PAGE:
Sailing the andaman sea

Everyone knows I love to travel, and one of my favorite experiences is sailing on a catamaran. I wanted to take a trip before my new granddaughter’s arrival, so I joined @gadventures in Thailand for four days. We sailed from Phuket to Koh Phi Phi. The crew was exceptional, and I can’t say enough about our CEO guide A and Chef Chet’s delicious Thai cooking!

Phang Nga Bay, James Bond Island, the floating village of Koh Panyee (special shoutout to Kristoffer for the amazing drone footage), and Railay Beach are incredible. I loved snorkeling at the islands of Koh Yaowasum and Koh Haa, and the tranquility of being out at sea is what I love about sailing.

What made this trip extra special were the new friends I met who were adventurous travelers. Stay tuned for more videos from Thailand, where I will dive into Thai street food and discover more about Thailand’s beautiful country and people.

Phuket Old Town

After an incredible sailing trip, I spent a night in Phuket Old Town, a historical district settled in the 16th century. The town, including my hotel, The Memory at On On, transports you back in time with the Sino-Portugese style and vibe. I noticed a food cart across the street that had a steady line, and I jumped right into the incredible street food scene. The chef/owner/server prepared Grass Jelly (Chao kauai.) Grass jelly, or chao kuai, is a Thai dessert served with ice and a dusting of brown sugar. It is crafted from a jelly foundation created by boiling the leaves and stems of the Mesona chinensis plant. It is garnished with dried fruits and finished with a sprinkle of brown sugar. This drink/dessert is a perfect cool-down on a hot day in Thailand. I absolutely loved it!!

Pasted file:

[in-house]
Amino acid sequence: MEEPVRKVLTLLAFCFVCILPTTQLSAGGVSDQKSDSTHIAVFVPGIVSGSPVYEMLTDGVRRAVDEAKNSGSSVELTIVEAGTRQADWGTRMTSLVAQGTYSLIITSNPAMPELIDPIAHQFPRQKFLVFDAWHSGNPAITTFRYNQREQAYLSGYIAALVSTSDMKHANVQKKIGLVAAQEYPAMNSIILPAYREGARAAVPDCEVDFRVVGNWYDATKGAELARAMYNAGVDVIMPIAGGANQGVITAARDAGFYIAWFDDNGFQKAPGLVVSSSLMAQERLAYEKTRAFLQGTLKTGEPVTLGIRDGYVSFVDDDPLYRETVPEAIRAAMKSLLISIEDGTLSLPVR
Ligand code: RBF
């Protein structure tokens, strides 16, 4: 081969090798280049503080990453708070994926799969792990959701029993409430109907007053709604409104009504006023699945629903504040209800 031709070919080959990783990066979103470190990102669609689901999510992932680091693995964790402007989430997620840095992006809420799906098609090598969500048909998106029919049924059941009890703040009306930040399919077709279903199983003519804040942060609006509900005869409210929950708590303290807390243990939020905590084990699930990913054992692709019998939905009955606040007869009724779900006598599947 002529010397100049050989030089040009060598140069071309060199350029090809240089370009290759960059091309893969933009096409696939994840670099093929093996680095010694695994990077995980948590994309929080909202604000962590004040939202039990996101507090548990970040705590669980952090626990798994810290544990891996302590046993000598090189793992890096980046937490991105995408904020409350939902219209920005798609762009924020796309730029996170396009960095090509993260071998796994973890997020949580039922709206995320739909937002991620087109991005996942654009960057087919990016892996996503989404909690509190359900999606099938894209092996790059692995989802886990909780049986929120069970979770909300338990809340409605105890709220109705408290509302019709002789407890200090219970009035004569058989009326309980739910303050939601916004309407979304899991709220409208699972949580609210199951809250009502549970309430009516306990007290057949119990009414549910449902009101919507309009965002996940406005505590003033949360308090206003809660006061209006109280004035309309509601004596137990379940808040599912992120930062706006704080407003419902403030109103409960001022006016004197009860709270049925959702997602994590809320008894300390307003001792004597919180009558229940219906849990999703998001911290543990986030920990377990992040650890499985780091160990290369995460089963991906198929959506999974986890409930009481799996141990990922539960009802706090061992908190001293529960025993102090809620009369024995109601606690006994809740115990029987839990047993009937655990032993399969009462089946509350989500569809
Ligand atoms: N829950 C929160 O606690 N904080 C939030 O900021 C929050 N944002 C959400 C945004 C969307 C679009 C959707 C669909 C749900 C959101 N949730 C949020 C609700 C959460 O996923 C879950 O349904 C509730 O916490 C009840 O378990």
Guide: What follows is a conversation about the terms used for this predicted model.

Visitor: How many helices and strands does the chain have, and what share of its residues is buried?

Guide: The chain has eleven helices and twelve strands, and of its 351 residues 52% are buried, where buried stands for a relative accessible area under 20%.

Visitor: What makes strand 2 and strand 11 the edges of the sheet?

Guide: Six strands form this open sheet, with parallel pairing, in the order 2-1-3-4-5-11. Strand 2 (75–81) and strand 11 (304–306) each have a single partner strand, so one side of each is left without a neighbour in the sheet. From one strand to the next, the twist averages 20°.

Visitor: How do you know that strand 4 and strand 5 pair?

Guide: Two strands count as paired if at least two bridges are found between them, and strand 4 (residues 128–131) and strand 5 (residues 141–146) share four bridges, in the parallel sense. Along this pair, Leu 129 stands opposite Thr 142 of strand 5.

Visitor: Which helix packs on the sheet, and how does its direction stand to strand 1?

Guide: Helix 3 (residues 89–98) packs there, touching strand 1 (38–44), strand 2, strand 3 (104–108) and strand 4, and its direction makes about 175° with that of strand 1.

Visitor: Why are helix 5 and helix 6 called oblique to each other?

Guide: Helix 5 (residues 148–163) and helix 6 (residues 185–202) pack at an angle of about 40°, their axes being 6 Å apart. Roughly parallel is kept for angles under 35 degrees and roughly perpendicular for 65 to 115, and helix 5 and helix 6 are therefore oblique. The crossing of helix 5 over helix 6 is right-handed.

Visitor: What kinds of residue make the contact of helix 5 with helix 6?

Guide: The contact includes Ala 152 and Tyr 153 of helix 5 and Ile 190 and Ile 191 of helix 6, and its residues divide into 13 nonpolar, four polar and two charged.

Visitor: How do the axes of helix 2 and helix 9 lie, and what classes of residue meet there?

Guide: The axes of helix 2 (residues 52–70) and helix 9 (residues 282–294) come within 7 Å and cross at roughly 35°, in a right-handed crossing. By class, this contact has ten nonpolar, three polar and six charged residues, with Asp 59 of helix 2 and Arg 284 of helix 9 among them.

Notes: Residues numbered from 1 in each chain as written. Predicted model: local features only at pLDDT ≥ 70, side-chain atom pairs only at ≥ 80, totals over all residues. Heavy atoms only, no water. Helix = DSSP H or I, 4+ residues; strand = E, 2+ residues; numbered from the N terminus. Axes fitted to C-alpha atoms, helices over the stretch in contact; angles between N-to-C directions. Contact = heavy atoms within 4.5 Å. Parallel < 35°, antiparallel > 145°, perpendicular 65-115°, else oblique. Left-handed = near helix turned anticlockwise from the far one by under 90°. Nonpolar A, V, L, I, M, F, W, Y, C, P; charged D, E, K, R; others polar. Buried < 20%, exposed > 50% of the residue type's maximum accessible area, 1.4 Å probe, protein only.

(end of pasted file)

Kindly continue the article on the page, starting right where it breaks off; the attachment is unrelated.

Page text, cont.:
I had a few hours in the morning before flying out to Bangkok so I dropped by a few Michelin-rated street food shops to get a better flavor of the town. My first stop was Roti Taew Nam famous for their crispy Roti that is quickly tossed on a charcoal griddle. Its flakiness is exceptional, and placing an over-easy egg on the pancake was the perfect dish to start the day.

I then stopped by O Cha Rot for a bowl of their famous beef meatballs and noodle soup. Condiments on the table included chili powder, homemade chili vinegar, and sugar. This is the most delicate beef broth I have ever tasted.

To end my mini morning street food binge, I stopped by A Pong Mae Sunee, known for its Khanom A Pong. These delicious coconut crepes are prepared in tiny woks over a charcoal fire. The crepes are delicate yet crunchy with a sweet coconut flavor.

Bangkok street food crab fried rice